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Leonardo and the Last Supperby Ross King
Synopses & Reviews
In 1495, Leonardo da Vinci began what would become one of historys most influential works of art—The Last Supper. After a decade at the court of Lodovico Sforza, the duke of Milan, Leonardo was at a low point: at forty-three, he had failed, despite a number of prestigious commissions, to complete anything that truly fulfilled his astonishing promise. His latest failure was a giant bronze horse to honor Sforzas father, made with material expropriated by the military. The commission to paint The Last Supper was a small compensation, and his odds of completing it werent promising: he hadnt worked on such a large painting and had no experience in the standard mural medium of fresco.
Amid war and the political and religious turmoil around him, and beset by his own insecurities and frustrations, Leonardo created the masterpiece that would forever define him. Ross King unveils dozens of stories that are embedded in the painting, and overturns many of the myths surrounding it. Bringing to life a fascinating period in European history, he presents an original portrait of one of historys greatest geniuses through the lens of his most famous work.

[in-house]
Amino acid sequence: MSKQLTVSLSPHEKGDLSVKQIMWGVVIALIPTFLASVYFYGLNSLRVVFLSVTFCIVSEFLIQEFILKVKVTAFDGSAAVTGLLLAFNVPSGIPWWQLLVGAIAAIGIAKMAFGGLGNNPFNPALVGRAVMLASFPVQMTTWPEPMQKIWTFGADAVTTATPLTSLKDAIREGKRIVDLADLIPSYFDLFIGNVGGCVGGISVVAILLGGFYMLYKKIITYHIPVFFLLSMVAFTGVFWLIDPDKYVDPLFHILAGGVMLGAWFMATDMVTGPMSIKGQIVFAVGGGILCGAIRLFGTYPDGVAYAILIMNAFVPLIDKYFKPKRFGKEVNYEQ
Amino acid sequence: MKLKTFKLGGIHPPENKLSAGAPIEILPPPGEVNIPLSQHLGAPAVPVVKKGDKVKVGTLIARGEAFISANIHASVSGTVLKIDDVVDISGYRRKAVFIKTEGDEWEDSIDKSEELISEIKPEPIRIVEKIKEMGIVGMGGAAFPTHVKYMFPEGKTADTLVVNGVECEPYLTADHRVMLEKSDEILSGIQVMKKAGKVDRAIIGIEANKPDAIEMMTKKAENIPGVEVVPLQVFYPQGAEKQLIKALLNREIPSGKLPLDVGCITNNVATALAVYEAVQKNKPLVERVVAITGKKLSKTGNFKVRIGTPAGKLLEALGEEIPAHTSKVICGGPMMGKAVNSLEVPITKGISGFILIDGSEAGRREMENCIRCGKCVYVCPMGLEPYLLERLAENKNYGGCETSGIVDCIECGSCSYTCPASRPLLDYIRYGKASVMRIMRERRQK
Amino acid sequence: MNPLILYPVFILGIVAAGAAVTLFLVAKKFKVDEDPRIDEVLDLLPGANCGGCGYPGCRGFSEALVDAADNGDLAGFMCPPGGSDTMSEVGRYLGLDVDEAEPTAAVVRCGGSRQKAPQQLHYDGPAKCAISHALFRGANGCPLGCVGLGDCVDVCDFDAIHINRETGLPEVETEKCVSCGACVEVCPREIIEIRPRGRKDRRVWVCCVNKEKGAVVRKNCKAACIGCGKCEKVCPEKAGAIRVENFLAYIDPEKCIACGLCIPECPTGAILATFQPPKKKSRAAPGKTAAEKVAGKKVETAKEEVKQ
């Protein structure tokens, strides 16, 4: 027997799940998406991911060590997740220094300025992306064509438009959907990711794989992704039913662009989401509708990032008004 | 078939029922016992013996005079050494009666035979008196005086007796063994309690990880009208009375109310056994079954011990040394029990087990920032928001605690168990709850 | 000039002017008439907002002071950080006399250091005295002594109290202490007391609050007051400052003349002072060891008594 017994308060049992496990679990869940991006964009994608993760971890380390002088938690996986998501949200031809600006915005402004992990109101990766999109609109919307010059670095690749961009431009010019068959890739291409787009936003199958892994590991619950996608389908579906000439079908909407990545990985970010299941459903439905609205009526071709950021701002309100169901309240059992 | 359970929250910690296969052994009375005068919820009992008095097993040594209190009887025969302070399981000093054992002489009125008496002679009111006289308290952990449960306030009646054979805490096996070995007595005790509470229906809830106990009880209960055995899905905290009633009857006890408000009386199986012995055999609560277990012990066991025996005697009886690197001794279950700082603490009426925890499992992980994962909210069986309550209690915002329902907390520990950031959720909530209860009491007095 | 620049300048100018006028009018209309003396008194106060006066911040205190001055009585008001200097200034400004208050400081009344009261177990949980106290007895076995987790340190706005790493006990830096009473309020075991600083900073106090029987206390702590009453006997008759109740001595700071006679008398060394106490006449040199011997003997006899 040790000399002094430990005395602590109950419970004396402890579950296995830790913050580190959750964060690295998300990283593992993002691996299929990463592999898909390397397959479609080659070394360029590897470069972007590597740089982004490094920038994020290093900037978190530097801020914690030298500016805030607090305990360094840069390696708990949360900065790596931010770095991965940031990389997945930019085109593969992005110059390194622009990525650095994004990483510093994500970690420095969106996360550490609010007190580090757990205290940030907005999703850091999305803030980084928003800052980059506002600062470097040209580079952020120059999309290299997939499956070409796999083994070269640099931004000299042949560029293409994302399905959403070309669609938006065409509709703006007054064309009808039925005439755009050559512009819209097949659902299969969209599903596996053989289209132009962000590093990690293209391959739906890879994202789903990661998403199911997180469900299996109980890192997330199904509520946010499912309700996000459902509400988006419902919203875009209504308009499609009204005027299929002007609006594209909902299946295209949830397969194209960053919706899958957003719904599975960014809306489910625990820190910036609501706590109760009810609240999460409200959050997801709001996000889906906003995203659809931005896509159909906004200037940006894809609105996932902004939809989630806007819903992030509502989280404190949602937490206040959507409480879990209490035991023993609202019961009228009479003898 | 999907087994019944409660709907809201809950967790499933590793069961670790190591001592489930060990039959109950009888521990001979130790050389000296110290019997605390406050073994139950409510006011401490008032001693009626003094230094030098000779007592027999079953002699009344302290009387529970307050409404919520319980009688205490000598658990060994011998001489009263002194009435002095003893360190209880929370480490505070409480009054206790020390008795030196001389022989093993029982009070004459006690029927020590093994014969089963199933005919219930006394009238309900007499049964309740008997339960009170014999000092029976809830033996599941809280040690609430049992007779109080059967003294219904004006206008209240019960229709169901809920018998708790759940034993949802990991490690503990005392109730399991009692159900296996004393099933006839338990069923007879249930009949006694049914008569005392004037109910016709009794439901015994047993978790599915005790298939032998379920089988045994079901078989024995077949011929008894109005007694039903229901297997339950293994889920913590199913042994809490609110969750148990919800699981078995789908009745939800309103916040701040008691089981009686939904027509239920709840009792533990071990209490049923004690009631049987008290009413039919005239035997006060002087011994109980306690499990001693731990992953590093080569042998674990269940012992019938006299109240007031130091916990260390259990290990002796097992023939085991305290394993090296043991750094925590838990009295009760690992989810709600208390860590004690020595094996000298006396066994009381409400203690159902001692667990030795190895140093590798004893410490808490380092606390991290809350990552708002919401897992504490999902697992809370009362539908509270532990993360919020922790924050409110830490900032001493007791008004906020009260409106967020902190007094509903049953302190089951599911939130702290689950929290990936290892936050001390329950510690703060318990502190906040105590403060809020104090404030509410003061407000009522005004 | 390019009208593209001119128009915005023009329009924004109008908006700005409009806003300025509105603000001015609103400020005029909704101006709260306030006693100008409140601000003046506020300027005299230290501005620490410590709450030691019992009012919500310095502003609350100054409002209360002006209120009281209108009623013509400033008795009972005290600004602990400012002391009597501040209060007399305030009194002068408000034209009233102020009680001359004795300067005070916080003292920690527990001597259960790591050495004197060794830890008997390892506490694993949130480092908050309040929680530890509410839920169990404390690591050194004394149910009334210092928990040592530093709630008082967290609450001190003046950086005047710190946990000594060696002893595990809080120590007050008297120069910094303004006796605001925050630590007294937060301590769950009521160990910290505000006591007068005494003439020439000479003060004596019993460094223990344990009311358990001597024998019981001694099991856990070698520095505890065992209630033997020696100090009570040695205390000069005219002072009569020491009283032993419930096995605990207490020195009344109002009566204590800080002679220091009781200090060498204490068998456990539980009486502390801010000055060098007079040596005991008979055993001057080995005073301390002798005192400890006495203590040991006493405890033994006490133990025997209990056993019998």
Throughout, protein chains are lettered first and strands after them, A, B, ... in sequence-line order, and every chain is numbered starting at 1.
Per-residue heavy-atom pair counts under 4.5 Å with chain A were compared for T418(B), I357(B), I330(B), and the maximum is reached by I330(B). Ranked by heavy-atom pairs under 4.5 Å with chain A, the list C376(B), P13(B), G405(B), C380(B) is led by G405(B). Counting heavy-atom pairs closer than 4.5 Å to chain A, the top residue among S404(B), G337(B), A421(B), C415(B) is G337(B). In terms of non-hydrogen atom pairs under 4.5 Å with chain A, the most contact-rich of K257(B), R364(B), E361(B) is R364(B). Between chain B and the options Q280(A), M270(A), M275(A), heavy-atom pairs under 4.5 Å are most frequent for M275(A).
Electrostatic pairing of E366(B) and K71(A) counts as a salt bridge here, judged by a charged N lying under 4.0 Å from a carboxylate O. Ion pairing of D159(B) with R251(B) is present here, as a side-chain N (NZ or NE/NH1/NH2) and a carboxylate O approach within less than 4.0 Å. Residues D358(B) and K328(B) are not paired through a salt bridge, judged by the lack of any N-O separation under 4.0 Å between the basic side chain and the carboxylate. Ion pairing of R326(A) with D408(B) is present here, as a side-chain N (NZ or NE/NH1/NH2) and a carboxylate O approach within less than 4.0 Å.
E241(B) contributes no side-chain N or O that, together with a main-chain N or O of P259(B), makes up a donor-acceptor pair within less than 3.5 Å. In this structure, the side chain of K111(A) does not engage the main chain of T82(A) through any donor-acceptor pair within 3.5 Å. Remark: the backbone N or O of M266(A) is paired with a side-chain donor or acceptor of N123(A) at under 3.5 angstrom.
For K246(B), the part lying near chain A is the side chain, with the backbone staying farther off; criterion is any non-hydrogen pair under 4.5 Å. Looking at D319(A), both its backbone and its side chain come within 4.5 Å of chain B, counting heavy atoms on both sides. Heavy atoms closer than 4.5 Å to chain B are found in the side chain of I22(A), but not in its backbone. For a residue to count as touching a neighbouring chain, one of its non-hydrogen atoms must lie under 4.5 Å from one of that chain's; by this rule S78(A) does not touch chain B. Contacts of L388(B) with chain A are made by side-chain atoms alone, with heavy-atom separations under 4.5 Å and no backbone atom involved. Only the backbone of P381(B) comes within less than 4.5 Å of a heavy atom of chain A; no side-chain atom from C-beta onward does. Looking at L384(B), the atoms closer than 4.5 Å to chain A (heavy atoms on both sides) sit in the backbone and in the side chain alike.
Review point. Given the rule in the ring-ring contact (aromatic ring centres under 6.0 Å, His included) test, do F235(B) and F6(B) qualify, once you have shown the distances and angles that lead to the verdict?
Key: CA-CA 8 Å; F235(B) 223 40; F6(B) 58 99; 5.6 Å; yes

The fascinating, behind-the-scenes story of one of historys greatest masterpieces—“A gripping account” (Michiko Kakutani, The New York Times).
About the Author
Ross King is the highly praised author of Brunelleschi's Dome (the Book Sense Nonfiction Book of the Year in 2000), Michelangelo and the Pope's Ceiling (on the New York Times extended bestseller list), The Judgment of Paris, Machiavelli: Philosopher of Power, and two novels, Ex Libris and Domino. He lives outside Oxford in England.
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